Book Plunge: Roman Catholicism. Evangelical Protestants Analyze What Divides and Unites Us

What do I think of this multi-authored work published by Moody Press? Let’s plunge into the Deeper Waters and find out.

Our story can begin from very different perspectives. We can look at Pope Boniface VIII who told us that it is absolutely necessary for salvation that the saved must be in submission to the Roman Pontiff. Later on, the Westminster Confession refers to the Pope with such great compliments as calling him the antichrist, Man of Sin, and Son of Perdition.

Can’t we all just get along?

Over time, we have indeed got along better. Still, we can wonder how this relationship works. How serious are our differences? Are the differences between a Protestant and a Catholic on the same level as those of a Methodist and a Baptist?

In this work, many evangelical Protestants state their opinion. Sometimes it can seem hard to get an overall idea. One side can seem to say we need to strive for unity. Another gets the impression that our differences are too radical and based on differences of the Gospel itself.

Many chapters deal with many different perspectives. I naturally found the chapters on history and such to be the most interesting. The chapter detailing conversions to Catholicism by people like Tom Howard and Scott Hahn were quite interesting. Sometimes, seeing people who I think should know better be concerned about supposed cracks in Protestantism, I just had to wonder. These seemed like pretty simple objections to me. It’s possible I’m missing something, but it’s also possible I’m not.

William Webster’s was the chapter I found the most appealing of all. This one involved a look at the doctrines historically, including how many of the church fathers interpreted a key passage like Matthew 16:18. Webster’s critique is one I think a Catholic should want to answer.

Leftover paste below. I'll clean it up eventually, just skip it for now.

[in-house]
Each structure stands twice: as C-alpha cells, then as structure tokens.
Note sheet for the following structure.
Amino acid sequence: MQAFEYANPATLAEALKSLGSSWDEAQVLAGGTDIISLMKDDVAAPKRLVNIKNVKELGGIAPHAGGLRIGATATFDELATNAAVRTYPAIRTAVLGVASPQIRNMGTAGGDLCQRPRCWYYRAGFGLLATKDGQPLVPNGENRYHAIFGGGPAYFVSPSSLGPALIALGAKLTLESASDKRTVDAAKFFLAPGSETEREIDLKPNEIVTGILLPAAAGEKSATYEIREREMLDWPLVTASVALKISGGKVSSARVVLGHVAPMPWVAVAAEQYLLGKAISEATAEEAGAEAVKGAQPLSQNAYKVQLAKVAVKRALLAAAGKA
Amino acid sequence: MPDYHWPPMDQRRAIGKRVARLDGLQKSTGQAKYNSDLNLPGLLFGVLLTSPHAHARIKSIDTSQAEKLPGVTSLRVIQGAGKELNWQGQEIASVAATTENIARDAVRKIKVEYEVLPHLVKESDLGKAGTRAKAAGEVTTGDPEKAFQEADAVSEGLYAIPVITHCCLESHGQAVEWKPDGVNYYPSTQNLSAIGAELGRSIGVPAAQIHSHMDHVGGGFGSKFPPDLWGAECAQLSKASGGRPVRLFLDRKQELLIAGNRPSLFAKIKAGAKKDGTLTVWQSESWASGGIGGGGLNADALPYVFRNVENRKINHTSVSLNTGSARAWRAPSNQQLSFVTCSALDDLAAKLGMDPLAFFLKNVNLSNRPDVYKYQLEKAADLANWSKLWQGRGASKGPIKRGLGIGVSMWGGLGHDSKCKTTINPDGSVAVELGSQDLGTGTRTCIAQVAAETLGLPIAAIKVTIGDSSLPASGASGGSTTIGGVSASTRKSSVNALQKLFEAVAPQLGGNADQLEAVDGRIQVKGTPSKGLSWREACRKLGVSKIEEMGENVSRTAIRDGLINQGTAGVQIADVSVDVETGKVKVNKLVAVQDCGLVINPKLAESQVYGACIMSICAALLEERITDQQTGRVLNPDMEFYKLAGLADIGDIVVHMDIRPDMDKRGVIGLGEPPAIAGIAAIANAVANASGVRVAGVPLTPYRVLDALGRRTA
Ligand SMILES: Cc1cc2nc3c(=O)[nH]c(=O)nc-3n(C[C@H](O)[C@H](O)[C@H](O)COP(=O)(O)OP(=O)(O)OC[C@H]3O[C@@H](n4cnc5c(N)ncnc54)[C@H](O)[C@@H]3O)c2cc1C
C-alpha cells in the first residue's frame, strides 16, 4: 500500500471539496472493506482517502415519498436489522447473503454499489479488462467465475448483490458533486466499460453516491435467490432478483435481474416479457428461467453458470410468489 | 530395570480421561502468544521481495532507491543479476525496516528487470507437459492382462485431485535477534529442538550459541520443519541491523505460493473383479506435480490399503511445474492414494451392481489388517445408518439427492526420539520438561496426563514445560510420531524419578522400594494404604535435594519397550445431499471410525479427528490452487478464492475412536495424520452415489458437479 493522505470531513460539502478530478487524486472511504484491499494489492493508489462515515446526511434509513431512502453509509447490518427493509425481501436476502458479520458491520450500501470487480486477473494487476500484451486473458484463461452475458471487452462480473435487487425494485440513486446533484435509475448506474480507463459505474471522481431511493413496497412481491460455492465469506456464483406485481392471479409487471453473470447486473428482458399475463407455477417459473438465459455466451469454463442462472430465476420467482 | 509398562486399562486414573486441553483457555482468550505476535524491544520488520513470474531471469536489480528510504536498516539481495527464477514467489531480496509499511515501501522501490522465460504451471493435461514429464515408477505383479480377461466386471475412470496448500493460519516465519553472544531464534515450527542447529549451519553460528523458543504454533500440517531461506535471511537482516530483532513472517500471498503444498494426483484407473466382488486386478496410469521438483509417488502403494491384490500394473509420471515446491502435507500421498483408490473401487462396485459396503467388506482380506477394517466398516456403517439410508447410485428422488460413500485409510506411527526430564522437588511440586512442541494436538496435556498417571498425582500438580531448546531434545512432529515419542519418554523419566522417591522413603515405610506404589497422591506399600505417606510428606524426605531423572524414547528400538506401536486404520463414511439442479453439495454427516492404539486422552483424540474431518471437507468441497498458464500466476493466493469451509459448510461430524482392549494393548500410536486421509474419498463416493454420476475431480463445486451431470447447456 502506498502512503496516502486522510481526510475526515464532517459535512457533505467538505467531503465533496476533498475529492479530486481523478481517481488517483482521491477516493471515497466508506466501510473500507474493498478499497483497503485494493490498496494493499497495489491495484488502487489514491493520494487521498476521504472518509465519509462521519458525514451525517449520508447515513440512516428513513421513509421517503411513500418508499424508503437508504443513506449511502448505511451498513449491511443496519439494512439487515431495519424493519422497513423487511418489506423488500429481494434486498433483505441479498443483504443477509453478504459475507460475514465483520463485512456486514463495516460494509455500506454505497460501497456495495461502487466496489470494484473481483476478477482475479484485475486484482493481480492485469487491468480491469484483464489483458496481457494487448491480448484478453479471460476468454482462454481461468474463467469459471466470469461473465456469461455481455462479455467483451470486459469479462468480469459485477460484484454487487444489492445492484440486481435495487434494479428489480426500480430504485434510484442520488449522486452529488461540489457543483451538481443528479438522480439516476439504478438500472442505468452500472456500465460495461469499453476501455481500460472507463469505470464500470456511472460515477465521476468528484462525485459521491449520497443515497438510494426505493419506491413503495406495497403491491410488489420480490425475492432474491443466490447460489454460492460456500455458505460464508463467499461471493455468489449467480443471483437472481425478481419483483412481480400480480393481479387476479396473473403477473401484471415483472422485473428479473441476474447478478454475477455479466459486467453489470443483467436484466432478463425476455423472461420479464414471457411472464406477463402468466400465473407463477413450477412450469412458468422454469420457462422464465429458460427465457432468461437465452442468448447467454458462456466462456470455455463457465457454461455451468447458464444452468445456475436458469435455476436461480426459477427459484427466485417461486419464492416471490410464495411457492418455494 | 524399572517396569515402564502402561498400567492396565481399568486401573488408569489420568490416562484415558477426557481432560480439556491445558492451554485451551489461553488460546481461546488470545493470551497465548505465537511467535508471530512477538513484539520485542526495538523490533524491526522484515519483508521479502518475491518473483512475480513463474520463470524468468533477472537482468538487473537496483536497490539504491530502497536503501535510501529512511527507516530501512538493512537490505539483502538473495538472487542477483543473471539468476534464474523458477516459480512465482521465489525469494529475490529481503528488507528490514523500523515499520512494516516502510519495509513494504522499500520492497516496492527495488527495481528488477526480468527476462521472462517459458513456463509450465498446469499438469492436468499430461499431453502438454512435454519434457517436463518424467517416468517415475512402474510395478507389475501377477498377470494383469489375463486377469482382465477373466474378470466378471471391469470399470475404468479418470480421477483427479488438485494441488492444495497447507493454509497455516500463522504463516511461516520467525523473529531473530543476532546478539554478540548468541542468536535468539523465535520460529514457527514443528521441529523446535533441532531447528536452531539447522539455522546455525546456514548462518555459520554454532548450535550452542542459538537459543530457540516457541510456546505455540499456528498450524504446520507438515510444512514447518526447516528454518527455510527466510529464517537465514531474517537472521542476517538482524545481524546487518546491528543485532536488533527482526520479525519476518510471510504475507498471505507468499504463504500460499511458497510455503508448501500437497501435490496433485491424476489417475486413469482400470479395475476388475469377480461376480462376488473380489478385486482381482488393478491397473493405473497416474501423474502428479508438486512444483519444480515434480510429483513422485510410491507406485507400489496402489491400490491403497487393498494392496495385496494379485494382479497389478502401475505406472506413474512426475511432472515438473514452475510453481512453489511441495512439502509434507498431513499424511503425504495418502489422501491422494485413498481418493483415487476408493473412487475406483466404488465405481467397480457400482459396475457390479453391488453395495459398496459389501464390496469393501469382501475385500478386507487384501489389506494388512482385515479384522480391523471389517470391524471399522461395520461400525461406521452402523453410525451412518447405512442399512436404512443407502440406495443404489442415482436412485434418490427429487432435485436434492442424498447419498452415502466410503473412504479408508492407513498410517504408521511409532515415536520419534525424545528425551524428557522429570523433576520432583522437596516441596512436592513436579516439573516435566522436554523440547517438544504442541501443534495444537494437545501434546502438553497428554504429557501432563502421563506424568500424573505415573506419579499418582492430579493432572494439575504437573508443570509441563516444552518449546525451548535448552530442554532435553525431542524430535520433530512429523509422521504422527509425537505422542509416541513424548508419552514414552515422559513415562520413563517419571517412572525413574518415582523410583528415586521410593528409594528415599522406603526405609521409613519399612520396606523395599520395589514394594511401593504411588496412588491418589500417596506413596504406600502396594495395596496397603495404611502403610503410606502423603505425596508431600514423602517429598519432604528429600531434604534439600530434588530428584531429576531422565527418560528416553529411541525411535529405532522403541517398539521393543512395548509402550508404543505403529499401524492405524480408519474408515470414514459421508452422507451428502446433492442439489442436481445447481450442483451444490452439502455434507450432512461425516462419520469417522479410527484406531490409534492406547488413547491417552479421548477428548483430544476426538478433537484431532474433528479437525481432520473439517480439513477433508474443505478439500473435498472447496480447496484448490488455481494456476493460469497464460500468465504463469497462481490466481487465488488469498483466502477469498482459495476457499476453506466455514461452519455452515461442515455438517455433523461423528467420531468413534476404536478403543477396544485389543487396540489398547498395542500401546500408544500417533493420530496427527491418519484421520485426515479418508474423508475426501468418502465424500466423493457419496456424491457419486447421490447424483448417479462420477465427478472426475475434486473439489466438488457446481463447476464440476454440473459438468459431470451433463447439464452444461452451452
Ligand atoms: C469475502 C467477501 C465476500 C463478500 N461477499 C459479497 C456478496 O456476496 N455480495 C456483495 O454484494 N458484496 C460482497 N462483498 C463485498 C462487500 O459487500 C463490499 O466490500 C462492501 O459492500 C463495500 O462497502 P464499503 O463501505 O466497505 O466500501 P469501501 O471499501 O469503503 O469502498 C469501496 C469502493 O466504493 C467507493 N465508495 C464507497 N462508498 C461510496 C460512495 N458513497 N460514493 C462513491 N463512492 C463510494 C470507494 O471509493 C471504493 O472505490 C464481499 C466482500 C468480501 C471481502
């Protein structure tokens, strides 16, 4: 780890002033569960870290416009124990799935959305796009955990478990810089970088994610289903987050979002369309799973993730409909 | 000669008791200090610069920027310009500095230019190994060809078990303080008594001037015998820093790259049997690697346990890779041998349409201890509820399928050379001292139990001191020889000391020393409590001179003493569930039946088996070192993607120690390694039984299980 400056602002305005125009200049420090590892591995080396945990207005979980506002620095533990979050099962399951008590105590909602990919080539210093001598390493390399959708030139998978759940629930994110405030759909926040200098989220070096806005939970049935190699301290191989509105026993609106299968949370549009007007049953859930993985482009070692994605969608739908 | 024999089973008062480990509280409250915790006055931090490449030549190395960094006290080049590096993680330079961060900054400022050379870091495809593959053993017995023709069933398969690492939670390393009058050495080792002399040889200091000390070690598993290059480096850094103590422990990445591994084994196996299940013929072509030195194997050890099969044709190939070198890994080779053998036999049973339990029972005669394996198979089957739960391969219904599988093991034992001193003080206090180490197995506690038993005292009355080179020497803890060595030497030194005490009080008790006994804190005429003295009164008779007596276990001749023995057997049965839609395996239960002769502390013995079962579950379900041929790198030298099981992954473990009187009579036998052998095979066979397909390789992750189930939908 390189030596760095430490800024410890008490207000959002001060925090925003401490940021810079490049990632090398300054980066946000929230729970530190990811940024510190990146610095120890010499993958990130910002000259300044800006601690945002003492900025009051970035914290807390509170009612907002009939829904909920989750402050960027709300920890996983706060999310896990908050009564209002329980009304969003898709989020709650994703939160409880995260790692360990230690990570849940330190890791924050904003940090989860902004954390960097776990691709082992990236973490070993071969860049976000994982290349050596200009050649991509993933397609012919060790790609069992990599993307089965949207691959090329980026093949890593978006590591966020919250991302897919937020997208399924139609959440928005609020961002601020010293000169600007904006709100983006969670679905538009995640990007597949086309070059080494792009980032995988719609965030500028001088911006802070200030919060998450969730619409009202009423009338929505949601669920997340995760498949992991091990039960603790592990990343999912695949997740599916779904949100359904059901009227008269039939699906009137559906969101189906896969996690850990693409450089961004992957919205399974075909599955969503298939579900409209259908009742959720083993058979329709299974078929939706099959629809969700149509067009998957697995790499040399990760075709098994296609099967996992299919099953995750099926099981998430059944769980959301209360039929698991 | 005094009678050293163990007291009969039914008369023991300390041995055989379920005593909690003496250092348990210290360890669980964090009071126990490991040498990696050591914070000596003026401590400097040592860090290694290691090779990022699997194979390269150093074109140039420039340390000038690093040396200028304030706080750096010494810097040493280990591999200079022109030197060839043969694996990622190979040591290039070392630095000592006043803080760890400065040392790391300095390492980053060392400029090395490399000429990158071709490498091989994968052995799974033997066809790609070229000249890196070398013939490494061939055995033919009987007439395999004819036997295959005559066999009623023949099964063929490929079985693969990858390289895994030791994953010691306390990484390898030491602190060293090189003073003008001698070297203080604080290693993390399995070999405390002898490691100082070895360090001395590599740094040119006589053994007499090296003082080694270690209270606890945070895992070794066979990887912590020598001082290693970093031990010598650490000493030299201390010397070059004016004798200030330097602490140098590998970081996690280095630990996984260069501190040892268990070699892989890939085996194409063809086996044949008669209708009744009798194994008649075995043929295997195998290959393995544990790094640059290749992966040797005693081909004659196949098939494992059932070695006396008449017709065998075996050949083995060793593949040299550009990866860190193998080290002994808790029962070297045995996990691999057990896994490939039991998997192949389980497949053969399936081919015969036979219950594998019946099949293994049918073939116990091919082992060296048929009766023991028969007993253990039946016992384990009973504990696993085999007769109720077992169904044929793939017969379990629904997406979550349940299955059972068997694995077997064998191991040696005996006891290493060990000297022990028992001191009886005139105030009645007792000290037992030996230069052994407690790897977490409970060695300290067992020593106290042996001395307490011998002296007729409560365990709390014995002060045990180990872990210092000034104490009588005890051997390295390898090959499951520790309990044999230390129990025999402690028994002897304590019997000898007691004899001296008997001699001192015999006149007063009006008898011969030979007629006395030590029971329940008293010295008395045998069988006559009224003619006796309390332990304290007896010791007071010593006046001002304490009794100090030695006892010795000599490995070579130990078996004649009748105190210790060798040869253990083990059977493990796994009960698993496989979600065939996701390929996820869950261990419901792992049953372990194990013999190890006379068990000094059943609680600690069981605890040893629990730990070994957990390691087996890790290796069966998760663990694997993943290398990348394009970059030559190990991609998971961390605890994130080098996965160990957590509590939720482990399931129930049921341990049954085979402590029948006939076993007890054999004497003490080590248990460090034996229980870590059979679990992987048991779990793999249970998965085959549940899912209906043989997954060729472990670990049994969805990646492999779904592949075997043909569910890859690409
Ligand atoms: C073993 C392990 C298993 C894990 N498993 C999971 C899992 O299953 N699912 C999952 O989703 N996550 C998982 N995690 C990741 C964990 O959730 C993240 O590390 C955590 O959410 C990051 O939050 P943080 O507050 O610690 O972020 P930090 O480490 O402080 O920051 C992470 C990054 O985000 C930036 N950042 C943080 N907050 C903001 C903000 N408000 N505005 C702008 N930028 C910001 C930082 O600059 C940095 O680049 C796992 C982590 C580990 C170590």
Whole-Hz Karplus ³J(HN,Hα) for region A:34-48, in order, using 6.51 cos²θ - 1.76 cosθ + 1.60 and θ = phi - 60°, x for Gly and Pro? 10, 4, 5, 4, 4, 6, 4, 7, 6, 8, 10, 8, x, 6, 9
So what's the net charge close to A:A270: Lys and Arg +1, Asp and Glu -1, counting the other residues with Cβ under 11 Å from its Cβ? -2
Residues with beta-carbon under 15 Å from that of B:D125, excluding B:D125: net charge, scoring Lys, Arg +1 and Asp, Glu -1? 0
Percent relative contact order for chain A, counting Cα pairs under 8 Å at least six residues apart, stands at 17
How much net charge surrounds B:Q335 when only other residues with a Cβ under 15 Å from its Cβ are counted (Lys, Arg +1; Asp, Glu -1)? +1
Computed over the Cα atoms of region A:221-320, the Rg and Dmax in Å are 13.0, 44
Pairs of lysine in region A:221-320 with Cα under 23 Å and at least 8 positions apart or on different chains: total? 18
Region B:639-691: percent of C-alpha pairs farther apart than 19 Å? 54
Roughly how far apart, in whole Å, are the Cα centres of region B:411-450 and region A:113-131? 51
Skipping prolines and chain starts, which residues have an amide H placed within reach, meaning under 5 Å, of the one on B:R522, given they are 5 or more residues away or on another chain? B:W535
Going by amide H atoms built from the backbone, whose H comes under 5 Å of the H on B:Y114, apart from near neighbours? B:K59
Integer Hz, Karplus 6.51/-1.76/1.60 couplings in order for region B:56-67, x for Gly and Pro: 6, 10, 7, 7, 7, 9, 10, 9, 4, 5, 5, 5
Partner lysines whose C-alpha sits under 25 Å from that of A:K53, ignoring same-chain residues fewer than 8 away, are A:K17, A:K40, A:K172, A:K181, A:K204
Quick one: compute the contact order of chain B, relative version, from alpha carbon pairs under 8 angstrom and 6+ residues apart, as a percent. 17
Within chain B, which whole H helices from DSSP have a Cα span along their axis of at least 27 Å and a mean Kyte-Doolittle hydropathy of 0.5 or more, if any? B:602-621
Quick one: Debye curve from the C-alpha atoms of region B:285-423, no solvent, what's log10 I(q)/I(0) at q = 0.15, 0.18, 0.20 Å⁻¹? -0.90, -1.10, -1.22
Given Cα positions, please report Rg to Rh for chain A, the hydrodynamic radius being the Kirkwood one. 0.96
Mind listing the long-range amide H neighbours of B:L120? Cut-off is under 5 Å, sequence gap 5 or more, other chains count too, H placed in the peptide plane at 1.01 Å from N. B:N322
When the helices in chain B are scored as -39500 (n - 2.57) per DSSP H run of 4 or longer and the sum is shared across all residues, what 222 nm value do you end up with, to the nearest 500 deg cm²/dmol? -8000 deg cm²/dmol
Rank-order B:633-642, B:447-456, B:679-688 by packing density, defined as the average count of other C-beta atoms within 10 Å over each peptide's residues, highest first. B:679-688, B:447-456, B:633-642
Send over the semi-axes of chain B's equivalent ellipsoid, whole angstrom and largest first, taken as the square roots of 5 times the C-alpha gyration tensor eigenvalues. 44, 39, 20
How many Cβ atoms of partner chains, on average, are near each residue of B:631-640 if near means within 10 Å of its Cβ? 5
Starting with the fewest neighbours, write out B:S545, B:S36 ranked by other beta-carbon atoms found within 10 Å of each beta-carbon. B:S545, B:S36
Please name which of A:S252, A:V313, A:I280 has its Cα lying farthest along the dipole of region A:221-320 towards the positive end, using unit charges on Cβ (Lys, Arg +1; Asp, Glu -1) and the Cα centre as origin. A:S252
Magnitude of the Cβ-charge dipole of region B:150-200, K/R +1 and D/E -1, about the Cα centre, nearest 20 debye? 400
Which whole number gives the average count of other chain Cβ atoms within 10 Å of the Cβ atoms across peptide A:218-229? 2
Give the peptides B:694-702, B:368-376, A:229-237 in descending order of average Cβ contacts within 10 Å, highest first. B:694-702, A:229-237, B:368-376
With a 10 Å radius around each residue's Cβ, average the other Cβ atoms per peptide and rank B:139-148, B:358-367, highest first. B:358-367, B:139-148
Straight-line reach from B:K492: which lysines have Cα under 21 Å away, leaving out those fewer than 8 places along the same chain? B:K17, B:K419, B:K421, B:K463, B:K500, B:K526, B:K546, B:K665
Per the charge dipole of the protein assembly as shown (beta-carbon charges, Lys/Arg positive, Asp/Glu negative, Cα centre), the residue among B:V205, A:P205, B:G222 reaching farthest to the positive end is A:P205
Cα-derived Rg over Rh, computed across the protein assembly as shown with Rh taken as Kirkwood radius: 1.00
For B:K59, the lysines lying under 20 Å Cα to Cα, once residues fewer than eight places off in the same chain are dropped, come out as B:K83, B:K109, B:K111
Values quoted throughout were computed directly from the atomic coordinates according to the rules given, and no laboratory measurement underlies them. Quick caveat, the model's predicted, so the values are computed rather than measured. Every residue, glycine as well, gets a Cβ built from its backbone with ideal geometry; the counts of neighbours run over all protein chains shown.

The question of unity is regularly raised. On the one hand, we want to be unified because there are opponents on the gate that want to get rid of both of us. On the other hand, shouldn’t a unity be built on truth? What if there are differences in how we see the Gospel? Do we brush those aside? Do both sides though want to return to a state where the other is the side of the devil?

There’s also concern over an increasing liberalism in Catholicism today, such that many other religions can be seen as being under salvation, and of course differences between the Council of Trent and Vatican II. While I have not heavily invested myself into these issues, they are quite concerning. I do know also that Pope Francis has been making a lot of waves.

So where do I stand from here? How about aiming for better-natured disagreements? I still cherish my Roman Catholic friends. I have no doubt many Roman Catholics are brothers and sisters in Christ. I also don’t doubt that many are lost. The same I say about Baptists and Lutherans and Presbyterians and other denominations. I know many Catholics who I am convinced love Jesus more than I do and Thomas Aquinas is my favorite thinker outside the Bible.

But I do have things to think about. Can I discuss these with my Catholic friends? Absolutely. My main hope is that if we disagree, we will still part as that. Friends.

In Christ,
Nick Peters

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